“Can I say ‘hey, good news, I can open up the driveway and sell fry bread,’ does that mean I can open a business in my driveway?” Juarez asked. “To compete with the small businesses and restaurants four blocks away?”

“You would not be able to operate fry bread or coffee out of your driveway, you would be able to operate it out of your garage,” Strauss responded.

But, he also said, just making these zoning changes would not likely clear the way for a flood of garage bistros. Health Department regulations remain. Food needs to be prepared in a commercial kitchen. And, in most cases, it will remain cheaper and more feasible to rent a space than to meet the specifications of a commercial kitchen in your home and garage. A bill that’s passed the state House, in Olympia, would establish a pilot program that would allow up to 100 permits, statewide, for people to prepare food for sale from home kitchens.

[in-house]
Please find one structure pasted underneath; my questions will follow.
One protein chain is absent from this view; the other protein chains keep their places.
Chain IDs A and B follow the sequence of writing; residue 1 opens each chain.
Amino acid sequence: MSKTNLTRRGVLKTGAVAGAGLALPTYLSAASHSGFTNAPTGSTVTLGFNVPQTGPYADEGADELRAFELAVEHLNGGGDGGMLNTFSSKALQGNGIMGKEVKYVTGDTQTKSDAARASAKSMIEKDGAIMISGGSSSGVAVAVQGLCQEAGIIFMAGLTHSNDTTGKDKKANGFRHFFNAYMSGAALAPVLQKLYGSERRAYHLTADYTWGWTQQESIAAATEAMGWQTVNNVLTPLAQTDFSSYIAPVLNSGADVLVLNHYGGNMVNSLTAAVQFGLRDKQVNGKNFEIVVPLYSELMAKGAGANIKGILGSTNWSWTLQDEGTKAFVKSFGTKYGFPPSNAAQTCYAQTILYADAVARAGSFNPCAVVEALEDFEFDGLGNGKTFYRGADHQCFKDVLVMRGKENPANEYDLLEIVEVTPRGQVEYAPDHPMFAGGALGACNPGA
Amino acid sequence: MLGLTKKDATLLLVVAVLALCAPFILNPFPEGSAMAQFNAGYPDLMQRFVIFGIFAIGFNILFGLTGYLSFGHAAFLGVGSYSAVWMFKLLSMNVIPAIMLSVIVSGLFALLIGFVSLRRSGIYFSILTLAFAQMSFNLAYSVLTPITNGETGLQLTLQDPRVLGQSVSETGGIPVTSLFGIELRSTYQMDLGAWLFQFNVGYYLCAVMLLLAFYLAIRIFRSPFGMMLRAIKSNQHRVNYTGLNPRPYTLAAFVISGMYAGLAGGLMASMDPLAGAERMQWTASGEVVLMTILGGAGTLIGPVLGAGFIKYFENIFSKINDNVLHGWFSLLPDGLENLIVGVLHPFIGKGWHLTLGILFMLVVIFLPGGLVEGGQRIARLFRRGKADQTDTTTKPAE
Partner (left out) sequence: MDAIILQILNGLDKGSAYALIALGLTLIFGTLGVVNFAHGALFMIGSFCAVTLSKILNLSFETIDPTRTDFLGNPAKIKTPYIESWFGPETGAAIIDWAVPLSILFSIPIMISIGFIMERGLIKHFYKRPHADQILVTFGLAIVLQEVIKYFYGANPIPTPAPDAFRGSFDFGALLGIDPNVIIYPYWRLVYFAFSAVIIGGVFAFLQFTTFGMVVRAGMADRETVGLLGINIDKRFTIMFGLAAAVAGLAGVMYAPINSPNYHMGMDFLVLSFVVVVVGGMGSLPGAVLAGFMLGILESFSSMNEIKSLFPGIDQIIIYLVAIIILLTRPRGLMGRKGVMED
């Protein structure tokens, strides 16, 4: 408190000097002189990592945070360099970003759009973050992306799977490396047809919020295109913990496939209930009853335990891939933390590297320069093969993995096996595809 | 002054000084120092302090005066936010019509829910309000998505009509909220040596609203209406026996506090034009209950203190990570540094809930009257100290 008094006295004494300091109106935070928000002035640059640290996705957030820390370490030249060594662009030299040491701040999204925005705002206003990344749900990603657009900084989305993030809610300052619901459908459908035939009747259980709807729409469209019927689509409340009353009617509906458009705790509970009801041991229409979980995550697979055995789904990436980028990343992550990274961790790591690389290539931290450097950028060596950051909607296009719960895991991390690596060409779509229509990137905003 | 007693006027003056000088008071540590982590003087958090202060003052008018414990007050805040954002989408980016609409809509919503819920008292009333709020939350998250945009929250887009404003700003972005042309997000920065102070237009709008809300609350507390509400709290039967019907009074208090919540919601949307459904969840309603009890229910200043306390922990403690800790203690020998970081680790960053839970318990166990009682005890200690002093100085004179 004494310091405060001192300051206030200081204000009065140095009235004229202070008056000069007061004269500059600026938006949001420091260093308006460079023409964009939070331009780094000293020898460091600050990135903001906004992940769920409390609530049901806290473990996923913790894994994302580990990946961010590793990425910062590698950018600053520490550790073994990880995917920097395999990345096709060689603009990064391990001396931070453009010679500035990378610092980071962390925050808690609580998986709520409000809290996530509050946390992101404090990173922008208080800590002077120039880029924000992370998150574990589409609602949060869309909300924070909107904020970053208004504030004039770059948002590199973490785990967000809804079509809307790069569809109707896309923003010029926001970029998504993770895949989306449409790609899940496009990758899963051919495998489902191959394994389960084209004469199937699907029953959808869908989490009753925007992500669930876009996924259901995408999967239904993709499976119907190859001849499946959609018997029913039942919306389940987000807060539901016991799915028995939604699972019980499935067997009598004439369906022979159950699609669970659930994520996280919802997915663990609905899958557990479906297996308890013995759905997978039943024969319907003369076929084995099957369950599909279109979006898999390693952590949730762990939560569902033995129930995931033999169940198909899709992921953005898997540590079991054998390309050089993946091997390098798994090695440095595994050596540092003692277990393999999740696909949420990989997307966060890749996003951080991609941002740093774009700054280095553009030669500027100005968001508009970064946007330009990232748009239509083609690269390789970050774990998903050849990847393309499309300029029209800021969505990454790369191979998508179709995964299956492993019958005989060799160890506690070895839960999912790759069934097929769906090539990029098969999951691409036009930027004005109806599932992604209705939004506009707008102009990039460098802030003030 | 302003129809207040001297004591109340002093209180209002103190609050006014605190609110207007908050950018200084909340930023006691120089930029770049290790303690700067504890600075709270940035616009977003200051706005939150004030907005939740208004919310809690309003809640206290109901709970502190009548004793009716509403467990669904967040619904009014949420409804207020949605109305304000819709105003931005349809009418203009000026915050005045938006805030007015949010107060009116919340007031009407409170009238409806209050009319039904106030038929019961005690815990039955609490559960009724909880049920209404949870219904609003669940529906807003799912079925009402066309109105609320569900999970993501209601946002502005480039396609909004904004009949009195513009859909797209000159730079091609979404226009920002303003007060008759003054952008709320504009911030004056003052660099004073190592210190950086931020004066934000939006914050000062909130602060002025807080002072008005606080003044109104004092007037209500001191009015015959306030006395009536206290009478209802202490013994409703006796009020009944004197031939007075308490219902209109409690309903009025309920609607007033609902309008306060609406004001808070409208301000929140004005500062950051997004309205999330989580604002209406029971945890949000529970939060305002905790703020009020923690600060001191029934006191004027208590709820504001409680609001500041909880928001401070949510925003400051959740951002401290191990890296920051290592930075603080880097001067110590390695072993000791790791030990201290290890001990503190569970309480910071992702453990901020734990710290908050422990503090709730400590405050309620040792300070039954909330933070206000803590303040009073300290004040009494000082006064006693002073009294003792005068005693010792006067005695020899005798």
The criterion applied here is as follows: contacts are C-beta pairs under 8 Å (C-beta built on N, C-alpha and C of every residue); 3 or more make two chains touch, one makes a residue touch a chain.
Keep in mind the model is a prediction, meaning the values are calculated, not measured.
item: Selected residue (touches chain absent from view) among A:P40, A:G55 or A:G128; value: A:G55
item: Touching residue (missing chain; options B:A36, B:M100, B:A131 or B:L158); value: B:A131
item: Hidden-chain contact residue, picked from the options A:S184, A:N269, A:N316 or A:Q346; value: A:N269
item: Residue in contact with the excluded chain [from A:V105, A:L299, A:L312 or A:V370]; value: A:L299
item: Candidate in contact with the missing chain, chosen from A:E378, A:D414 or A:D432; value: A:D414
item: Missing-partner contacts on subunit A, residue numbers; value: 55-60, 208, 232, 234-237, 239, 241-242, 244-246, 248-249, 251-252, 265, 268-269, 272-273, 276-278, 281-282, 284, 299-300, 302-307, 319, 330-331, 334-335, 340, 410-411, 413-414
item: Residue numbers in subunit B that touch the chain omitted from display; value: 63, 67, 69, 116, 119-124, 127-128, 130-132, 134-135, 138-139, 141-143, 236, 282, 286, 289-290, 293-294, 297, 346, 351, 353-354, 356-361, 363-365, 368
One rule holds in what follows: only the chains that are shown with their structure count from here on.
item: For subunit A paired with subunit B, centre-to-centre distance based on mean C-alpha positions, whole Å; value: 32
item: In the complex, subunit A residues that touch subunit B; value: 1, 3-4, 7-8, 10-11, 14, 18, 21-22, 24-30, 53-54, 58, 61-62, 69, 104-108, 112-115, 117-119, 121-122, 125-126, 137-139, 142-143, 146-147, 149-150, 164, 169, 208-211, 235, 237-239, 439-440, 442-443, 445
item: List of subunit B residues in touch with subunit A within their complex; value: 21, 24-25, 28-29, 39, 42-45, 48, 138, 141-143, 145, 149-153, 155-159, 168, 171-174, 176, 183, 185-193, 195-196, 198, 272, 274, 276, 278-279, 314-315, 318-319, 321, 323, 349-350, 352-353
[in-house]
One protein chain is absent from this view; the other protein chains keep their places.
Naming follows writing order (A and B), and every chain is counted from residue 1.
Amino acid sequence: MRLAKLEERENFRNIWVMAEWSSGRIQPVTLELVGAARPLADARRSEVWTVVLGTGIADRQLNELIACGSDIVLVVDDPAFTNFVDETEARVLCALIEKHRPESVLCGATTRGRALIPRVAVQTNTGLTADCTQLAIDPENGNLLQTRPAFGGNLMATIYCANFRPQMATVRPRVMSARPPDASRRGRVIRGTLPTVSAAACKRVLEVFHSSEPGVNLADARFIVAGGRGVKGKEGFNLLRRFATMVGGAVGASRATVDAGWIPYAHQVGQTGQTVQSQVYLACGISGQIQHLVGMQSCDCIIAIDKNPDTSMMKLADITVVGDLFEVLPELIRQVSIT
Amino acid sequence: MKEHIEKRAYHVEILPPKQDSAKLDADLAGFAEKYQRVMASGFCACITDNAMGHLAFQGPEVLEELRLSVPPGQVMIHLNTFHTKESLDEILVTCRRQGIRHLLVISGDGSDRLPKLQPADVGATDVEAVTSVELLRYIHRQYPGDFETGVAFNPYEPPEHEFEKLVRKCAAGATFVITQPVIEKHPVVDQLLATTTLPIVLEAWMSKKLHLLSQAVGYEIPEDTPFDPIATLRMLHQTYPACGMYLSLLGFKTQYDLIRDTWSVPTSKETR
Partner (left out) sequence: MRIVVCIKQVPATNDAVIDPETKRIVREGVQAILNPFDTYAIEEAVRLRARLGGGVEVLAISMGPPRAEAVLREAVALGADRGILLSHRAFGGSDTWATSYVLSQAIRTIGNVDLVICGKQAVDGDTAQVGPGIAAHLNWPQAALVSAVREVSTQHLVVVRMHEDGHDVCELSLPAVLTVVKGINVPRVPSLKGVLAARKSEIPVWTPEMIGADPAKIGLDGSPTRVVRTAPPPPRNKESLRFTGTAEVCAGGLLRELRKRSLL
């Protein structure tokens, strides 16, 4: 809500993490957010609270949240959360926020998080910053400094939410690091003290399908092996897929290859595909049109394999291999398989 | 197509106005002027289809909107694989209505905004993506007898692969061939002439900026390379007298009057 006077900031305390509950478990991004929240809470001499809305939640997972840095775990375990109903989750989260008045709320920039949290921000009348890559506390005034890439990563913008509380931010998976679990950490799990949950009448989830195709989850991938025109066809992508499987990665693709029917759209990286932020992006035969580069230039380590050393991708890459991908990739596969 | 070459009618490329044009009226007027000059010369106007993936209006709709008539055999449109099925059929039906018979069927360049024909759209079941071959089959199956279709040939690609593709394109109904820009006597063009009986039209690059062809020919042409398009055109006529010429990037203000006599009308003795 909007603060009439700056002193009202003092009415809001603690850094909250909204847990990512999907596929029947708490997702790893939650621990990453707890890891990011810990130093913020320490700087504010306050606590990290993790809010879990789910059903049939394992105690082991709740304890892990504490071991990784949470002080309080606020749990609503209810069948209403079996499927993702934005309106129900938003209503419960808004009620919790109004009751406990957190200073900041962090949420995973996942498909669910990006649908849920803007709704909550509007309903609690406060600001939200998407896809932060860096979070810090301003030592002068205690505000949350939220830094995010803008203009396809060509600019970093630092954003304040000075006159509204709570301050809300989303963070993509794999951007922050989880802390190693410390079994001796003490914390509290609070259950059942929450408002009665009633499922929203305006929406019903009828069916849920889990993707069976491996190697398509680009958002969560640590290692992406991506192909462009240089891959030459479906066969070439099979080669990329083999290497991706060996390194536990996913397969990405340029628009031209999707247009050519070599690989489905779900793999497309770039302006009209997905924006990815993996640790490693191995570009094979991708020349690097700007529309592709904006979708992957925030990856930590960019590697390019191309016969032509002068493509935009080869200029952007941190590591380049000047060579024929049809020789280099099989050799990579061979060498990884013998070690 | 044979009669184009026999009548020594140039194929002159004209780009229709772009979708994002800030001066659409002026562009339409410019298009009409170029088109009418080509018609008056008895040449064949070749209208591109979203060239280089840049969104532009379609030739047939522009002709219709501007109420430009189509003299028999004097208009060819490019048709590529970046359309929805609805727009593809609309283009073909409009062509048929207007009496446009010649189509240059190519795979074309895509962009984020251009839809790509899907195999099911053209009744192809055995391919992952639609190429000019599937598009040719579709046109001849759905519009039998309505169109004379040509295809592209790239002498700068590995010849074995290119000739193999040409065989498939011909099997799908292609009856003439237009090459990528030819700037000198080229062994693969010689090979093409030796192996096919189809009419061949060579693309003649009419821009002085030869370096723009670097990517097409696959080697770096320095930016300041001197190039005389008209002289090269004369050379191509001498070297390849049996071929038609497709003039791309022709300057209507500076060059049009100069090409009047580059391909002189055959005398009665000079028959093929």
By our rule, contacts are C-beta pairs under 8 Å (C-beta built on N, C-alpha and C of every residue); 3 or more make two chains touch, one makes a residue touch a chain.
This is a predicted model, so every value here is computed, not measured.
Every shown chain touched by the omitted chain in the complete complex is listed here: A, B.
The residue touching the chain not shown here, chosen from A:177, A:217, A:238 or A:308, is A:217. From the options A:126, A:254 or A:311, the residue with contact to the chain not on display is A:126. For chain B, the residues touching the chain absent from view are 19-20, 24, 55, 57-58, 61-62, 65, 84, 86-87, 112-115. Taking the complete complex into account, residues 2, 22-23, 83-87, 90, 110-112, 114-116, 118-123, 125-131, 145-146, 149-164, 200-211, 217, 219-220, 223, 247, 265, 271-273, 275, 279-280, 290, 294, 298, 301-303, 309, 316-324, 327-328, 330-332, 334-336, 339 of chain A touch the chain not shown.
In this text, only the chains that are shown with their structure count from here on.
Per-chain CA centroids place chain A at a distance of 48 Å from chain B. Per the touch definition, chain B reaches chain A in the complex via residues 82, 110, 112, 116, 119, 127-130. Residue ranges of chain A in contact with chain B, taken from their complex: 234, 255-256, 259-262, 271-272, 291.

“The intent here is to help create the code changes for what is already existing,” Strauss said.

Ultimately, Juarez supported the bill, while Councilmember Alex Pedersen opposed it. Pedersen said he was concerned about effects on existing small businesses, increased traffic in neighborhoods and didn’t think the struggles of one small business warranted citywide land use changes.

The legislation passed out of committee 4-1 on Wednesday and could be approved by the full council Monday.

“Just sell it out of your garage”

When Braam launched Yonder Cider early last year, with staff hired, recipes in hand and a production facility in Wenatchee, the plan was to open a tasting room in Seattle to sell bottles and cans, attract customers and build a brand.